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Move to relax Japan's arms export ban

Publication Date : 13-03-2014

 

Easing of export ban could allow Japan to supply defence equipment to countries to help check China's increasingly belligerent maritime presence

 

The proposed easing of a decades-old arms export ban could allow Japan to supply defence military equipment to countries in the East and South Asian regions to help check China's increasingly belligerent maritime presence.

The new export rules are currently being discussed by Japan's two-party ruling coalition.

The final document is expected to be endorsed by the Cabinet of Prime Minister Shinzo Abe later this month and submitted to Parliament for debate.

The new guidelines would allow Japan to export military equipment to countries such as Vietnam, the Philippines and India, with which Tokyo has cooperative ties on maritime safety, including the protection of sea lanes vital to this country.

Existing guidelines from 1967 - when Parliament enacted three principles forbidding the export of arms to communist states and parties to international conflicts - have effectively banned all weapons exports for nearly five decades. There were exceptions, nonetheless, such as the sharing of Japanese military technology with the United States, Japan's security ally.

Japan's arms industry, said to be worth about two trillion yen (US$19.3 billion) annually, produces mainly aircraft, weapons, ammunition and communications equipment for the country's Self Defence Force.

Although the equipment that will be sold to these countries is likely to be of the sort used for rescue operations, transport and surveillance, such exports are likely to irritate China.

Last month, Chinese foreign ministry spokesman Hua Chunying accused Japan of "trying to lift its export ban on weapons".

Significantly, Japan's move comes in the wake of China's attempts to enforce its controversial new fishing rules in the South China Sea and Beijing's bid to assert its sovereignty over disputed island groups in the area, which is rich in oil and gas.

The Abe government says the new guidelines are aimed at enhancing Japan's contribution to world peace and boosting international cooperation in security and defence.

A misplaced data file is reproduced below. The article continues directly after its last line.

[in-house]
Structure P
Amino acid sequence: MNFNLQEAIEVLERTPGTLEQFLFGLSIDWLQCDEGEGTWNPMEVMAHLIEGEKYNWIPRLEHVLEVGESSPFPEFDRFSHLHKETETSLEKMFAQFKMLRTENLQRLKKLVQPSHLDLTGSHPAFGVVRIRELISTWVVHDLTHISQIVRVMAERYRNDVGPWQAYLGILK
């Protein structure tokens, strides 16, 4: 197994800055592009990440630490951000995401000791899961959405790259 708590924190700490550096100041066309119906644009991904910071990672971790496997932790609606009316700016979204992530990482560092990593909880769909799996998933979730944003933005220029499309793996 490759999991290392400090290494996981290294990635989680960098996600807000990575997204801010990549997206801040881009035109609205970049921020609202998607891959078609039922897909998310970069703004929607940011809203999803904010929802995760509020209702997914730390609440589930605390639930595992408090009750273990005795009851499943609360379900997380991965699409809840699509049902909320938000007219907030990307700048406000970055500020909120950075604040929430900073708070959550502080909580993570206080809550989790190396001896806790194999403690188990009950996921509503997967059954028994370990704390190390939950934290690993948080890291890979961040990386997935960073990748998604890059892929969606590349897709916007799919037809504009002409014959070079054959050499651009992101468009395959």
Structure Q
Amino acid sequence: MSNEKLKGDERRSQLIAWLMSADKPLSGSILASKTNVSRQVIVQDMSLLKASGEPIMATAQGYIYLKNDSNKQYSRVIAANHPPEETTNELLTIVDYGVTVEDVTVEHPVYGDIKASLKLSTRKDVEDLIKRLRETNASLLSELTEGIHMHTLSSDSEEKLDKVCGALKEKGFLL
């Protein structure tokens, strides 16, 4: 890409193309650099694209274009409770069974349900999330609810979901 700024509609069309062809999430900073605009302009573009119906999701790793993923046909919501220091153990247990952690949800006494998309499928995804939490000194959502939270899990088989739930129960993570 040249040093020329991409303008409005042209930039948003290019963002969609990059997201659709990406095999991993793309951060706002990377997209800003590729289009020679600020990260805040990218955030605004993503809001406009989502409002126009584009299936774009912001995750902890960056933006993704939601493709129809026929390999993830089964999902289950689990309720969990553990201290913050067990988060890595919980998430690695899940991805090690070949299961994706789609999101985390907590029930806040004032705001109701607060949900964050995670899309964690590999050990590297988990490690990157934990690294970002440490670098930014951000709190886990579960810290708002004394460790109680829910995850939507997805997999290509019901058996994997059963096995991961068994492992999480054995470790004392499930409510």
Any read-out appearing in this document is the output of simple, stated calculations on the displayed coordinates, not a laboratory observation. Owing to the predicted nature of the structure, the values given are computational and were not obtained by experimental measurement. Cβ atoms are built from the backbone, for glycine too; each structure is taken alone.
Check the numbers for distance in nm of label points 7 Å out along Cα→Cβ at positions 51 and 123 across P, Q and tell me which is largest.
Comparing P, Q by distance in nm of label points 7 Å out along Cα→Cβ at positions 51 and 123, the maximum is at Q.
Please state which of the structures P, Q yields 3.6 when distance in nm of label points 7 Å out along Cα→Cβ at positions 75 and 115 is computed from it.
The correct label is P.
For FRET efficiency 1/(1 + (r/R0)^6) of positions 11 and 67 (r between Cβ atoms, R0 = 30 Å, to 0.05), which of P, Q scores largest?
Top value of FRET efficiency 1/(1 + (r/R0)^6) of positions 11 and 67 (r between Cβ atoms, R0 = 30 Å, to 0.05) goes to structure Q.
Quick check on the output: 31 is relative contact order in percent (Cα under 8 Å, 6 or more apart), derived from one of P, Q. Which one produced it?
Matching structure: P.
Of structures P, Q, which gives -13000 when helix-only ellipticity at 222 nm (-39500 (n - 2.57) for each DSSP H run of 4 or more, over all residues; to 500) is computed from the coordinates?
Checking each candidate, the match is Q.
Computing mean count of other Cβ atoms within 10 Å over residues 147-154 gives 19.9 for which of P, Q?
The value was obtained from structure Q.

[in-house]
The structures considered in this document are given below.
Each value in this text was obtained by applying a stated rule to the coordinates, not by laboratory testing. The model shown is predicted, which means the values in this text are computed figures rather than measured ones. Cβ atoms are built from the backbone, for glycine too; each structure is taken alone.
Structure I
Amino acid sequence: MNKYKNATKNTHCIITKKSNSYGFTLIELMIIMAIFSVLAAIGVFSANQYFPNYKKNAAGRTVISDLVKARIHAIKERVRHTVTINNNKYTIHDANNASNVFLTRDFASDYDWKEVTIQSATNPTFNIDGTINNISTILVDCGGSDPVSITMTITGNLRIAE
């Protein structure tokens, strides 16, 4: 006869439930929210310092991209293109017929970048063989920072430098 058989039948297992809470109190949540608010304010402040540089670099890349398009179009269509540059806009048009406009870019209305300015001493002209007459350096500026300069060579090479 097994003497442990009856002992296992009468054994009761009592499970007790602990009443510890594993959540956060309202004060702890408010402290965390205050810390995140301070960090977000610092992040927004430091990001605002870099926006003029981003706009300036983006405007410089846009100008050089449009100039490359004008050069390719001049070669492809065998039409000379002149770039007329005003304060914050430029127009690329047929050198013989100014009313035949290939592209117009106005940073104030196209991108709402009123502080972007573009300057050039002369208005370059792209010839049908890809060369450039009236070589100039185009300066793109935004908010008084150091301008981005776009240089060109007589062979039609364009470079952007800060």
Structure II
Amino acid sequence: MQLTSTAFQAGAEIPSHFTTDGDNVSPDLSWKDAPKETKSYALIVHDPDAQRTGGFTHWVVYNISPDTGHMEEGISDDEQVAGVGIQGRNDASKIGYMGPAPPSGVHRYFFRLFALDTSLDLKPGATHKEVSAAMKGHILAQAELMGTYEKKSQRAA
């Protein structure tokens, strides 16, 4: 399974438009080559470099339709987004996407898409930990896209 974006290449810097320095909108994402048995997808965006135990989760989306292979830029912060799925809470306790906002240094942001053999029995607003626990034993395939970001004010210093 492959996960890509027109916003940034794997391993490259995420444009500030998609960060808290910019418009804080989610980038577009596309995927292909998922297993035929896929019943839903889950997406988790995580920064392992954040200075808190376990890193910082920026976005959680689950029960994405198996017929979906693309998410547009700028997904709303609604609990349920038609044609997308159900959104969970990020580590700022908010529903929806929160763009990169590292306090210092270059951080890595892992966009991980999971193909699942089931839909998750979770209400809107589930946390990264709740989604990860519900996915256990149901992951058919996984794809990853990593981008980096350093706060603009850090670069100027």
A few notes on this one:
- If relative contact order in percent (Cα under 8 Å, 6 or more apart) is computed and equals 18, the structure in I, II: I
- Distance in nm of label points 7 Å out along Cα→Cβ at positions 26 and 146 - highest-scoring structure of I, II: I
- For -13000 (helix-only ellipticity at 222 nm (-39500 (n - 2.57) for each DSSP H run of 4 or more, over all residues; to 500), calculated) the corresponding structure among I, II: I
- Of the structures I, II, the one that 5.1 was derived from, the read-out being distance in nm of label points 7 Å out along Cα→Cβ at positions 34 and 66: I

To make the guidelines more palatable to the public, it says that they are for the "transfer of defence equipment" rather than "arms exports".

But a recent survey by the Kyodo News agency found that two-thirds of Japanese, across all age groups, oppose changing the existing guidelines.

The new rules promise to ban arms exports where they will obstruct the maintenance of peace and security. Exports will also be allowed only if the recipient country is able to ensure that they will not be used for other purposes and will also not be transferred to a third country.

Defence Minister Itsunori Onodera said last weekend: "It is not desirable for Japanese technology to go to the wrong countries."

The influential Asahi Shimbun daily, calling the new rules a major change in Japan's post-war pacifist policy, said the decision to overhaul the guidelines must not be taken rashly.

"A Japanese-made engine could end up in a fighter jet flying in a foreign country. It cannot be right to make such a major policy change in a short space of time," the daily said.

But although the new guidelines stipulate that arms exports will be limited and applications strictly reviewed, it is unclear whether there will be sufficient controls to ensure that the guidelines will be properly enforced.

Decisions concerning sensitive exports will be made by a four-man ministerial committee chaired by Abe under the auspices of the newly formed National Security Council.

Reports said that by freeing up arms exports, the government is also eyeing the joint development and production of weapons with other countries, which will open up foreign markets for the Japanese defence industry and also help to sharpen Japan's military technology.

 

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